GREEN BAY, Wis. — Schneider, a provider of trucking, intermodal and logistics services, has added a new service to its lineup of intermodal solutions. Schneider Rail Dray focuses on the initial and end moves of intermodal transportation, getting freight from shipper to ramp and ramp to receiver — safely and seamlessly.

“Expanding our strength of intermodal expertise to include Rail Dray ensures that we’re continuing to meet the demands of a changing industry,” said Jim Filter, Schneider’s senior vice president and general manager of intermodal. “The new service provides capacity and control to reliably move dray freight without the inconveniences typically associated with rail moves.”

Schneider Rail Dray is optimal for:

  • Railroad providers needing to move shipper freight.
  • Third-party logistics providers lacking driver capacity.
  • Direct shippers using their own intermodal containers.

Filter said with one call, Schneider provides premium support and visibility needed for rail dray freight:

  • Scale: Conducting over 1 million drays a year, Schneider has the scale to expertly dray freight across an entire network.
  • Visibility: Satellite-tracking technology enables real-time visibility of dray freight and early notification of delays.
  • Risk Mitigation: Schneider’s professionally trained, uniformed drivers operate newer company equipment that is maintained to the highest standard to safeguard against delays and minimize safety and regulatory exposure.
  • Optimization: Schneider has the resources and know-how to efficiently optimize an entire dray network.

To learn more about how Schneider Rail Dray avoids costly hang-ups and keeps rail freight moving, visit Schneider.com.

Schneider’s services include regional and long-haul truckload, expedited, dedicated, bulk, intermodal, brokerage, warehousing, supply chain management and port logistics.

 

 

 

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ACT Research says freight markets still weak, data still trending negative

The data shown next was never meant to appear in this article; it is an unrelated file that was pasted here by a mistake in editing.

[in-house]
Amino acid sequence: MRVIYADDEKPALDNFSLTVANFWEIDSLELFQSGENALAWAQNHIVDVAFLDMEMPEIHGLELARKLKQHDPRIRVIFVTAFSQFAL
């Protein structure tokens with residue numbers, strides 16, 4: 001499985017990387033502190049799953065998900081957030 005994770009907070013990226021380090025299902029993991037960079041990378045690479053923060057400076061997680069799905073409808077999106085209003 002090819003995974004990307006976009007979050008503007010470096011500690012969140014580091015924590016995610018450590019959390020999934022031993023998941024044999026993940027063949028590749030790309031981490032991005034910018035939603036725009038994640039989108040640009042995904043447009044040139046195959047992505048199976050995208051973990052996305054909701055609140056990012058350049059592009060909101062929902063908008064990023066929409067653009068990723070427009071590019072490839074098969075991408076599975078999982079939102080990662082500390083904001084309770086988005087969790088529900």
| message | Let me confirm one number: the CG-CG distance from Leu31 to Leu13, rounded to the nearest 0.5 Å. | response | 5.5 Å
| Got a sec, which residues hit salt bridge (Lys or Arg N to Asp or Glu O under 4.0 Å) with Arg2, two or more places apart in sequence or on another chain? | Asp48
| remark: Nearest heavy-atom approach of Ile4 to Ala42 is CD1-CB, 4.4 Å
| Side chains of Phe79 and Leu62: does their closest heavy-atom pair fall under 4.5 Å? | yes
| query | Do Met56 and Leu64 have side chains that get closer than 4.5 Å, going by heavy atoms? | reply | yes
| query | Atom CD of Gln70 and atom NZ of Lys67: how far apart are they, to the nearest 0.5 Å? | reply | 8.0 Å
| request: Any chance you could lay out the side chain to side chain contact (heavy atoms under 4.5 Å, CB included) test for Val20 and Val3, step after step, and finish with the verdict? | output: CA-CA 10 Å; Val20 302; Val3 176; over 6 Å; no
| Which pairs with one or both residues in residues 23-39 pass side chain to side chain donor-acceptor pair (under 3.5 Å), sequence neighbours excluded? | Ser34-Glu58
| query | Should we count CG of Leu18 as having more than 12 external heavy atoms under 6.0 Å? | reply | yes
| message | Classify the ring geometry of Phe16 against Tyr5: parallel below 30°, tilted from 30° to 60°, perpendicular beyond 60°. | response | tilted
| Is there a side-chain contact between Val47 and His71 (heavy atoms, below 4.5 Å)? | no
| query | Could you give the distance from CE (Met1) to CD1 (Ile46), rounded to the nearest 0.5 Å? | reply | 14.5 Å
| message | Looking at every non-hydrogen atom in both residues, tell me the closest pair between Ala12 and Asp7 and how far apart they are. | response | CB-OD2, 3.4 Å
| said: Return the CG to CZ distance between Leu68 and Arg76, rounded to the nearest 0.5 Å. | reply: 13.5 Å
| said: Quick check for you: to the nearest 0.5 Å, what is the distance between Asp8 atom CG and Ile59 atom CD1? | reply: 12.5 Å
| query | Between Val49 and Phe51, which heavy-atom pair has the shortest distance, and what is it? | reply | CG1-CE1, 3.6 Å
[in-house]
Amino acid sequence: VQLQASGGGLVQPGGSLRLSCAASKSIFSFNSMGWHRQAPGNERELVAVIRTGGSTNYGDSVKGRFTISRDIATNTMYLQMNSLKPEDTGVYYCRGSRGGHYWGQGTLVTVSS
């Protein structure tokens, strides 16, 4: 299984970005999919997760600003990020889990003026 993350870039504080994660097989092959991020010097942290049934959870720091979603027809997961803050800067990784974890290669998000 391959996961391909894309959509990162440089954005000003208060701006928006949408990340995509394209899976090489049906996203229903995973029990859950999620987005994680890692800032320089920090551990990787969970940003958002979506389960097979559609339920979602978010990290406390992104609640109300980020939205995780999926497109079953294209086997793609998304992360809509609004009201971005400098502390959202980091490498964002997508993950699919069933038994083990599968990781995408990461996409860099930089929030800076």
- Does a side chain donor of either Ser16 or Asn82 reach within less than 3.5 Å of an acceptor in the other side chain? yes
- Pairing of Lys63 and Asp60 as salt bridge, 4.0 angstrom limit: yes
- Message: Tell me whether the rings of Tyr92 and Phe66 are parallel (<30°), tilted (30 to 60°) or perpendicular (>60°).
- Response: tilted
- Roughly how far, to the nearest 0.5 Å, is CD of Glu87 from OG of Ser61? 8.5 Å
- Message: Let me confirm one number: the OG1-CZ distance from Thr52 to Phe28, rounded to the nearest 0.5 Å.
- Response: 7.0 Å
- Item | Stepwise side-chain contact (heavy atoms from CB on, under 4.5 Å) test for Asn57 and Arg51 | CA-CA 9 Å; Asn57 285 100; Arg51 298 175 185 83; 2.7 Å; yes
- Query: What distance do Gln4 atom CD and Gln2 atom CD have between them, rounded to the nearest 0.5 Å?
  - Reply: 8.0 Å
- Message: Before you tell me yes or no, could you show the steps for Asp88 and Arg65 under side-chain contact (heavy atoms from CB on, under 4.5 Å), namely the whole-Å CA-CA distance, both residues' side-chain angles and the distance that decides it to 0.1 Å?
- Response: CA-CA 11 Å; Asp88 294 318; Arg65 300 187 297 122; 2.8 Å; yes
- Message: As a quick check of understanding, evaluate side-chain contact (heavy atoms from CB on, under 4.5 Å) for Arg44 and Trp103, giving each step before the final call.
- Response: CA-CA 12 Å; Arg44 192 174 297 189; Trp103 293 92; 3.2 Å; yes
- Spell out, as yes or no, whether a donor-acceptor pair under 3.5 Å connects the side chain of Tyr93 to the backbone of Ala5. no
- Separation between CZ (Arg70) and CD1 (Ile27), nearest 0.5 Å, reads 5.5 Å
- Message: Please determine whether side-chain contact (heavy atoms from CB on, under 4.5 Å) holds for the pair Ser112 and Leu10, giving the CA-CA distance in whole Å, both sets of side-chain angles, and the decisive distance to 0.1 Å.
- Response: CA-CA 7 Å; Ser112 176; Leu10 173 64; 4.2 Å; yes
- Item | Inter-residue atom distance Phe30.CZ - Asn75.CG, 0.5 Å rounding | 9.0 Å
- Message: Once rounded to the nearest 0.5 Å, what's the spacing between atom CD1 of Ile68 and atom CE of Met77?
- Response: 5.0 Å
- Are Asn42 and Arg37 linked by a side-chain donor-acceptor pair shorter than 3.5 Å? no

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This chart shows the net orders on a 12-month average versus the build rate. Only recently has the build rate been better than the order average. (Courtesy: ACT RESEARCH)

COLUMBUS, Ind. — According to ACT Research’s (ACT) latest State of the Industry: Classes 5-8 Report, economic reports over the past month have more often risen above consensus than fallen below it, but it is premature to declare an end to freight market weakness.

“Data points indicating increased economic activity represent the essential first steps in the process of increasing demand to rebalance the heavy freight markets. However, as in any commodity market, it is not just demand, but supply, and until the supply-side of the market is addressed, the disequilibrium story will continue to weigh on freight rates and by extension the heavy vehicle industry,” said Kenny Vieth, ACT Research president and senior analyst. “While the data are starting to suggest ‘less bad,’ reports suggesting recovery are premature, as key freight metrics continues to trend negative in the latest round of data releases.”

Speaking about the Class 8 market, Vieth said that in concert with weak/deteriorating freight volumes and rates, forward-looking demand indicators continue to erode, even as mid and downstream data points remain robust.

“Ultimately, the current situation of weak orders and strong build is unsustainable,” he said.

Regarding the medium duty markets, Vieth said medium-duty demand metrics remain in better balance, but there are signs of modest fraying on weak net orders, relative build strength and excessive inventories.

 

 

 

 

 

 

 

 

 

 

 

 

 

 

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Navistar to build new Class 6-8 manufacturing plant in San Antonio area

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Navistar’s new manufacturing plant will have the flexibility to build Class 6-8 vehicles, complementing the company’s existing assembly manufacturing footprint, which includes truck assembly plants in Springfield, Ohio, and Escobedo, Mexico. The plant will have the flexibility to build Class 6-8 trucks. Pictured is the International LT Series farm model. (Courtesy: NAVISTAR)

LISLE, Ill. — Navistar, a maker of commercial trucks and buses, said Thursday it will be making a capital investment of more than $250 million to build a new manufacturing facility in Texas.

The investment, which is contingent on finalization of various incentive packages, will bring approximately 600 jobs to the San Antonio area.